New England has some hard learned lessons for the rest of the country when it comes to infrastructure. Boston is home to the nation’s biggest highway project, the Central Artery/Tunnel Project (a.k.a. “the Big Dig”).
The Big Dig has become synonymous with corruption, cost overruns, delays, shoddy workmanship and waste. It is a model for what not to do when building national infrastructure. High speed rail planners should review it step-by step and formulate a plan that is an exact opposite of the Big Dig.
Why was the Big Dig such a calamity? Many reasons can be singled out, but the primary one is that it’s the way we Americans do business: contract the work to the private sector that seeks maximum profit while giving minimum return. A Byzantine system of contractors and sub-contractors gets a windfall of taxpayer money while providing work that is so terrible it has already caused a fatality. This system begs for corruption. Just ask Carmen “The Cheeseman” DiNunzio, Boston mob boss who has been convicted of bribery charges in connection with the project.
The market fundamentalists who took over during the Reagan years and pulled the strings for George W. Bush deserve the lion’s share of blame for letting America’s infrastructure crumble. They advocated an inferior model for building infrastructure because it is designed for profiteering and not the public good. When it comes to infrastructure Gipper, government is the answer.
It is as clear as day when looking at the world’s best transportation networks in Europe and Asia that the government has taken the lead to build the rails, highways and other transportation links itself. In some cases a public/private partnership (P3) is acceptable, but only when dealing with one firm (e.g. the German federal government and Siemens).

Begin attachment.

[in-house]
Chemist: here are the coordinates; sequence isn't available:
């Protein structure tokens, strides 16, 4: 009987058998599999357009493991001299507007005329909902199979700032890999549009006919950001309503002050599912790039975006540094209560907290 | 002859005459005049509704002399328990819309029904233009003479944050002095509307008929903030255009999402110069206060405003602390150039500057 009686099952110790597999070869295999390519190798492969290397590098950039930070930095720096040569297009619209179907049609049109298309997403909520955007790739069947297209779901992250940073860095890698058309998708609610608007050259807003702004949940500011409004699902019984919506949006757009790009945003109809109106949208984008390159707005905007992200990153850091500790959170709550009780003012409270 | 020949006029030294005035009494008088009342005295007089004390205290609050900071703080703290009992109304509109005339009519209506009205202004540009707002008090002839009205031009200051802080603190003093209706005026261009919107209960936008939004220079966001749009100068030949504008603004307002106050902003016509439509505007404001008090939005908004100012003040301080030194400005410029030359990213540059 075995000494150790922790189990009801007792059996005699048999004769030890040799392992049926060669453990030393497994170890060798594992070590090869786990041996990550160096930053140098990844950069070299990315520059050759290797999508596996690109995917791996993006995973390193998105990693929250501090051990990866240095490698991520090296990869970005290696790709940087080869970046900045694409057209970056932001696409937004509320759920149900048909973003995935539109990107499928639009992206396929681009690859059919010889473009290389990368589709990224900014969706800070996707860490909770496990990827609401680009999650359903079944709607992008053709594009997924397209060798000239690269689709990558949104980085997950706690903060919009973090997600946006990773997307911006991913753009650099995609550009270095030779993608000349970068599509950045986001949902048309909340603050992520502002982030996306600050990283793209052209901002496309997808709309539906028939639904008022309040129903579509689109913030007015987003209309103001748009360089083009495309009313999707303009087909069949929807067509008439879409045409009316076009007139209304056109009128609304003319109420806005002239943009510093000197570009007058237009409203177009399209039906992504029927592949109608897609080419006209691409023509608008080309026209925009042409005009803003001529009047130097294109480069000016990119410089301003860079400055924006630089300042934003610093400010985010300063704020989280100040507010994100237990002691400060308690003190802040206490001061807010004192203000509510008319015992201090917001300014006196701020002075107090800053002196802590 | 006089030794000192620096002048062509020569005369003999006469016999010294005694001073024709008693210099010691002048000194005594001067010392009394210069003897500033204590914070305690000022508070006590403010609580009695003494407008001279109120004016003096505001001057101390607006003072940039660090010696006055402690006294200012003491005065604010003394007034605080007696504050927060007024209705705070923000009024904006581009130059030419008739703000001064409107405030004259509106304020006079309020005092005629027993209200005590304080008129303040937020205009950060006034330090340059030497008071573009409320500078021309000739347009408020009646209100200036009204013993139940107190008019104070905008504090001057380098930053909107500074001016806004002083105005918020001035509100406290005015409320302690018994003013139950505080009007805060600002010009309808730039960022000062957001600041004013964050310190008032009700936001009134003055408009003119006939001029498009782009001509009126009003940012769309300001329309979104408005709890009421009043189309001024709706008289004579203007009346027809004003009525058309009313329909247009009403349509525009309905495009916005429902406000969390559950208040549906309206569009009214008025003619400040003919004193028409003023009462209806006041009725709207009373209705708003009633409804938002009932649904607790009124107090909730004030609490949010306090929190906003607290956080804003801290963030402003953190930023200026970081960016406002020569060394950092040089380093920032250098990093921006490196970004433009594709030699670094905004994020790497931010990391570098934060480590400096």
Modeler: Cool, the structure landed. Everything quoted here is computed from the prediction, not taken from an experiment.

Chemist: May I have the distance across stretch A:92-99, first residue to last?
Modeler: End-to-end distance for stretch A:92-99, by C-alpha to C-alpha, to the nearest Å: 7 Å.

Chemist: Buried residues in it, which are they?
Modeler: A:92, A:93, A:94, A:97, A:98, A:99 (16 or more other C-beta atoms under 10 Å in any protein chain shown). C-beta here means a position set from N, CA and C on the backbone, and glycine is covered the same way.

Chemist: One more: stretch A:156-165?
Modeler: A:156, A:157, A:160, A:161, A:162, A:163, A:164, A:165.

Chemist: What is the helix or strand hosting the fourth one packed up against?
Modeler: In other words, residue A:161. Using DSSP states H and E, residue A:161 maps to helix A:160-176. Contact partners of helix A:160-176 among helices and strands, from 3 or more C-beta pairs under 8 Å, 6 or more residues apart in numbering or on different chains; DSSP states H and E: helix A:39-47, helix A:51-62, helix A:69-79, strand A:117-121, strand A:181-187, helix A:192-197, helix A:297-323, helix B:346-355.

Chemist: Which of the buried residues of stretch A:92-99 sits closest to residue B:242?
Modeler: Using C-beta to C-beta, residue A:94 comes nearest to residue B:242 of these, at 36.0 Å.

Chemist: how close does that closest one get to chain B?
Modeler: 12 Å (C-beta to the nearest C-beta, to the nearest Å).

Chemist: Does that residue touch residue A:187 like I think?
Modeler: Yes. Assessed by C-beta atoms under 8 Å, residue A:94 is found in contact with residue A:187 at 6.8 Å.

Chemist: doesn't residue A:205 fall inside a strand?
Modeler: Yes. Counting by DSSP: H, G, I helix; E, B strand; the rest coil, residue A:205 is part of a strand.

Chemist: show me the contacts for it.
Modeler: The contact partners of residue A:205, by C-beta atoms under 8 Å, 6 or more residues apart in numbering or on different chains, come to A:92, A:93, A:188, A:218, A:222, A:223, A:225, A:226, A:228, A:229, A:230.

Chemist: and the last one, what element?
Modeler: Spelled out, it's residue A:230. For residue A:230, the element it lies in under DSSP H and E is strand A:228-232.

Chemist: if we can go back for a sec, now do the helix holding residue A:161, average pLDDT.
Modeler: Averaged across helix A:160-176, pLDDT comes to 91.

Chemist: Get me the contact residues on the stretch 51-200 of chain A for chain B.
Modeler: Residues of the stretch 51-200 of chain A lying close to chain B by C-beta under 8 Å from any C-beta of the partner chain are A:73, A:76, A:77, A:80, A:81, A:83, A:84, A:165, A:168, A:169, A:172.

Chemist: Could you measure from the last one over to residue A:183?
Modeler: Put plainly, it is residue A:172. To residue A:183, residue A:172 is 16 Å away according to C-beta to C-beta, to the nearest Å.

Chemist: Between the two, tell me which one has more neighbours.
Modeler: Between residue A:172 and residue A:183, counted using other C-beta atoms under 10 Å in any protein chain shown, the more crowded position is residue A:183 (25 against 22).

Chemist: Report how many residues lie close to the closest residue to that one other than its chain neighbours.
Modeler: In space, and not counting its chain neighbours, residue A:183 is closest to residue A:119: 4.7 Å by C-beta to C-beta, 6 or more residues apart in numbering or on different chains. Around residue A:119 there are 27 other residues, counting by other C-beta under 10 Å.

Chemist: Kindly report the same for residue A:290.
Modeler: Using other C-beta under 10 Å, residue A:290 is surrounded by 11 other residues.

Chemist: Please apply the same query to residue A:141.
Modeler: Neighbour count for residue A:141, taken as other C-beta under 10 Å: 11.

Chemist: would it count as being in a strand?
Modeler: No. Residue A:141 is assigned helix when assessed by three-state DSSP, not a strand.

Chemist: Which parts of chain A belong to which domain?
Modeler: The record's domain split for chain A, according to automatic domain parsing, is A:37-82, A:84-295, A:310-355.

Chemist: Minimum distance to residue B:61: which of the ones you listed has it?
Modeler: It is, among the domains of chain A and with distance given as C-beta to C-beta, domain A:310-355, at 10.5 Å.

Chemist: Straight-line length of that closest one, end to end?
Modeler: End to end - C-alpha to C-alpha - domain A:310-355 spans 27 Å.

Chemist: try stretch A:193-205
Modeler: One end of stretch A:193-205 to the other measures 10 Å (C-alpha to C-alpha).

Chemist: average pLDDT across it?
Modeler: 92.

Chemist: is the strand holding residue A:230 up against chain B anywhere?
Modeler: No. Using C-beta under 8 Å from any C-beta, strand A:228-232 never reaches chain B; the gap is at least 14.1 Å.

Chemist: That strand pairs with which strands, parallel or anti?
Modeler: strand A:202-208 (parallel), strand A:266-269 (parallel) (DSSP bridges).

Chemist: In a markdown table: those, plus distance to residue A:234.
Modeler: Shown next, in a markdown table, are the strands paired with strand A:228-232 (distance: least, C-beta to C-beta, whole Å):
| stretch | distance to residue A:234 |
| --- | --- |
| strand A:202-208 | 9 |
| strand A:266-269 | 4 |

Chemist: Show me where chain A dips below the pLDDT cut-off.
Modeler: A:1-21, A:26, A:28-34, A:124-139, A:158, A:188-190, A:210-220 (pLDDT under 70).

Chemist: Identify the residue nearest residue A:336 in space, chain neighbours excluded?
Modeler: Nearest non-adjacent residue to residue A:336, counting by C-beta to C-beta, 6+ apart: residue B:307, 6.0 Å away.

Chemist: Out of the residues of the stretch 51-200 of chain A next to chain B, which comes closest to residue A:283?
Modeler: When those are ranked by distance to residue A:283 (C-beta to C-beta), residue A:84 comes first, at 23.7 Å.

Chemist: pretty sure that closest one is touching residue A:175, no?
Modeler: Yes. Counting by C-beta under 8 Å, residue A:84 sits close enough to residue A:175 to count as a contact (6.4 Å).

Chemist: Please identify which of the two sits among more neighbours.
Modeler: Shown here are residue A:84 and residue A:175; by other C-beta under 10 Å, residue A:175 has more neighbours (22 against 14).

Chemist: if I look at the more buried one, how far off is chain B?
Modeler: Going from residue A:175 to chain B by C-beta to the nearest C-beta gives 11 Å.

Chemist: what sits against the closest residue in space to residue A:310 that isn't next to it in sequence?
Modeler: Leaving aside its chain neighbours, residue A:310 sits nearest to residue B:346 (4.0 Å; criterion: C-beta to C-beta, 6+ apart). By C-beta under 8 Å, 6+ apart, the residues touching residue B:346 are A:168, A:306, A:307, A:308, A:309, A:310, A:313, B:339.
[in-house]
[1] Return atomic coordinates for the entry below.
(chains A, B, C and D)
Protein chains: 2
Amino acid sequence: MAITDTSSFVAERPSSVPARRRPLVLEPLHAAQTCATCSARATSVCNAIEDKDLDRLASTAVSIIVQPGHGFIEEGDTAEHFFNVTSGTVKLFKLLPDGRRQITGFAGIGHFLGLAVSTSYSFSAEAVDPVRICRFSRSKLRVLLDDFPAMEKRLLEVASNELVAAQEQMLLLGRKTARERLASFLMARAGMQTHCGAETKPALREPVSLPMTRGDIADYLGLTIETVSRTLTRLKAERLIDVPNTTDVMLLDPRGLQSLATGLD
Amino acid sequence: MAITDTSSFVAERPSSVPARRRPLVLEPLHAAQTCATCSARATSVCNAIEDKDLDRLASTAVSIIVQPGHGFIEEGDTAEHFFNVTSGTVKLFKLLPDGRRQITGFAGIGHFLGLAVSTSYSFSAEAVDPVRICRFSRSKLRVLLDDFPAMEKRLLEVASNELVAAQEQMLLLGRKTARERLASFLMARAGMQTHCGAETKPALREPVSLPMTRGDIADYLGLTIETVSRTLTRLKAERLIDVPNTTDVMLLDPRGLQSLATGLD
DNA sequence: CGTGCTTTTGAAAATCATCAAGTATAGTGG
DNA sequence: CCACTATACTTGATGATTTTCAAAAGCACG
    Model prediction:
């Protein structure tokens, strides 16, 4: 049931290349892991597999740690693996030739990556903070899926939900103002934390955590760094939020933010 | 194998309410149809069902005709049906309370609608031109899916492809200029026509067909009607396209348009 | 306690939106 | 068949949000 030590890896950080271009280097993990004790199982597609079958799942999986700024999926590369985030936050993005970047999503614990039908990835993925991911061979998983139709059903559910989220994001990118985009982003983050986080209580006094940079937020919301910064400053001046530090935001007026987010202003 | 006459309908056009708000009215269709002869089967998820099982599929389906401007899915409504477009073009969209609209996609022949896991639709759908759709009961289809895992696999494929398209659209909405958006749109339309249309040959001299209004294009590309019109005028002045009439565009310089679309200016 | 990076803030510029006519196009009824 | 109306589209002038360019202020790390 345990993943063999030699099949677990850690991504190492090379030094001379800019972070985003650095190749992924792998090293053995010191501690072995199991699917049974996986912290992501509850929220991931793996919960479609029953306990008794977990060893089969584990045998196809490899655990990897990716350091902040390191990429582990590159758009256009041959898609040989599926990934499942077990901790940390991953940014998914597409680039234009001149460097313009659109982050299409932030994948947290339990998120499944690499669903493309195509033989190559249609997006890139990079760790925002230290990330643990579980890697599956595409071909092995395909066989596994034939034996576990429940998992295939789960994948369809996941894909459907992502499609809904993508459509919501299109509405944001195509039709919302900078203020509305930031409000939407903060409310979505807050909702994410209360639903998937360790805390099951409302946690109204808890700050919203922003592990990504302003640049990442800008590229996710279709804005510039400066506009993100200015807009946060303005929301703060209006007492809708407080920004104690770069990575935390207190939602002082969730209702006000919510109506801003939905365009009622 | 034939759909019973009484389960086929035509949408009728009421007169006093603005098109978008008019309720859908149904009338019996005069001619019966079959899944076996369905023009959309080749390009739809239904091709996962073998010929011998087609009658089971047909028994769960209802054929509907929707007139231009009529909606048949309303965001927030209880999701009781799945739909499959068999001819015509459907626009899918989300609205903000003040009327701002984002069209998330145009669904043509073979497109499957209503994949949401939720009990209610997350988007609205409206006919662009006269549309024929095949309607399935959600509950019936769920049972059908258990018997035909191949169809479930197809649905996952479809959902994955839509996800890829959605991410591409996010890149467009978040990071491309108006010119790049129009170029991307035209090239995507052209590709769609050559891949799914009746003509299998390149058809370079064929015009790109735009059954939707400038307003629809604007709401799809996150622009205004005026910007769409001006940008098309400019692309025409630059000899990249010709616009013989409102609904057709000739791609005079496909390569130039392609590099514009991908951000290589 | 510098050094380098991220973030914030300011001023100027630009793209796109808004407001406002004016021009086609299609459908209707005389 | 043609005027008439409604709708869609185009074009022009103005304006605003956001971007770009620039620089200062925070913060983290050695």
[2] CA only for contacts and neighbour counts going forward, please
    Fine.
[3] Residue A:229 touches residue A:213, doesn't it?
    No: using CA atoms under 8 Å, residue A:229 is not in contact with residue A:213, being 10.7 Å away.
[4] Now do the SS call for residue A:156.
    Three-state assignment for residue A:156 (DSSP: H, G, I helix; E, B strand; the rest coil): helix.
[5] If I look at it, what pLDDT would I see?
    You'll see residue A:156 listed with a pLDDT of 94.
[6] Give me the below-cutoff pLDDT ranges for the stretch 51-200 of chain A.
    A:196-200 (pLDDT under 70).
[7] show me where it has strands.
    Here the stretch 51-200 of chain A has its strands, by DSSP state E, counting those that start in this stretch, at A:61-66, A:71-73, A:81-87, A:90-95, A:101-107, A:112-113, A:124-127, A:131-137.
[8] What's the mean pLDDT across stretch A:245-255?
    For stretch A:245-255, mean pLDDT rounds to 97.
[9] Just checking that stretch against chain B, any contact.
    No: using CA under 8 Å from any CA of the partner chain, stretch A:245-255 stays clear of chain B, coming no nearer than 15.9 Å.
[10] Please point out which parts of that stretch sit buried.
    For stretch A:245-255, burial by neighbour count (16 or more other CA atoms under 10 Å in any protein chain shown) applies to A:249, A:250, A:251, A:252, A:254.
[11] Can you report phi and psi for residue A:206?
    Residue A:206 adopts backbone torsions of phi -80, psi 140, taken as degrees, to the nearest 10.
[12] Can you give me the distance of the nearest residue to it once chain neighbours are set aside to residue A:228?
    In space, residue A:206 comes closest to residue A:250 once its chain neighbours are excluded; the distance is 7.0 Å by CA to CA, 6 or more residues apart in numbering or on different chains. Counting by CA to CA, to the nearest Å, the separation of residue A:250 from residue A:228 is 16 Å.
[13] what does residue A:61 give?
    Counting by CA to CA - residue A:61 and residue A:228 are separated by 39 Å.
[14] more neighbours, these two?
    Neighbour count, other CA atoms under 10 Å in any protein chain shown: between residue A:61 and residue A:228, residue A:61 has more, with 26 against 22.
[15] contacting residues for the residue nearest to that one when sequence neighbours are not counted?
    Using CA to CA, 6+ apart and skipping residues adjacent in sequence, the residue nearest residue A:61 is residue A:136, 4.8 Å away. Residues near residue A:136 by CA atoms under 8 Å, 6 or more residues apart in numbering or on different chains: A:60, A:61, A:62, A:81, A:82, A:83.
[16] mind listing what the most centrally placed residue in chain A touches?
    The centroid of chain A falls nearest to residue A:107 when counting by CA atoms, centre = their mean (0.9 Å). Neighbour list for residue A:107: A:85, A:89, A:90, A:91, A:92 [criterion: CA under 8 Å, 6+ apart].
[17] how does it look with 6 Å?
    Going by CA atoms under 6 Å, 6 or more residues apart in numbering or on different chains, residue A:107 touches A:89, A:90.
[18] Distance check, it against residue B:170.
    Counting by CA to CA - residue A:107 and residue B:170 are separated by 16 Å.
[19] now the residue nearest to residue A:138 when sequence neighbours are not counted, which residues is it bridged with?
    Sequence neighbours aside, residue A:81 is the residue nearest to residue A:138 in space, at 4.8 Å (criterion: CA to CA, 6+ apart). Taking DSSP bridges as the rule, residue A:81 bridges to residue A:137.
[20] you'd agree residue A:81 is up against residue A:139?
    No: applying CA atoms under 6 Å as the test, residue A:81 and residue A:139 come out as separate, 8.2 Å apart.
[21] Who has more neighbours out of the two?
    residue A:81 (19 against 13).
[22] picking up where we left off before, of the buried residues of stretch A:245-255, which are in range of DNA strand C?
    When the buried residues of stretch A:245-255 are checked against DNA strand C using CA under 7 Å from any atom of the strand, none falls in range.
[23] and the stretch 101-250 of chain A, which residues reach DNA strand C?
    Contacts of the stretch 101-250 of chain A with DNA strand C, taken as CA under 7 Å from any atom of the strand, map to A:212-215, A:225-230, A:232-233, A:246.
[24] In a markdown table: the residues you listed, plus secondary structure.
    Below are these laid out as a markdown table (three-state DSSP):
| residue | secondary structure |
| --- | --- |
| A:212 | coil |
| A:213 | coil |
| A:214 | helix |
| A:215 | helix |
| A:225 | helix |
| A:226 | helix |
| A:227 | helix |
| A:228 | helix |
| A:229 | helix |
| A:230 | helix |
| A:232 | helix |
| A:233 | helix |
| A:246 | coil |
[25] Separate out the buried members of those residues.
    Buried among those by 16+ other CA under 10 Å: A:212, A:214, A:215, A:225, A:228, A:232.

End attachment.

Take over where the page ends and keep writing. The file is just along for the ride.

Just some of the companies contracted out to construct the Big Dig were Jay Cashman, Modern Continental, Obayashi Corporation, Perini Corporation, Peter Kiewit Sons’ Incorporated, J.F. White, the Slattery division of Skanska USA and the mob. Dole out $6 million here, $10 million there, and the bookkeeping starts to get a little fuzzy, leading to ballooning costs.
One part of the Big Dig story is right out of “The Sopranos,” but with a Boston accent. The largest concrete and asphalt supply company in New England got its fat check and supplied the state of Massachusetts with at least 5,000 truckloads of sub-standard concrete. The result: The private contractor pocketed some extra cash and motorist Milena Delvalle was killed by a 40-foot ceiling section of the tunnel that collapsed on her car.
The Northern New England High Speed Rail Corridor is a chance to fundamentally change the way things get built in America. The new way will eliminate the unscrupulous profiteering that can be deadly and replace it with a non-profit system focused on the public good.
The developed countries already have their high-speed rail systems built and the up-and-coming world powers (such as China and Brazil) are surpassing America in terms of their rail networks via government initiatives.
New England can prove to be a critical catalyst for high-speed rail development in the States by doing it for New Englanders and not private businesses.
[photo credit: Flickr, Federal Railroad Administration]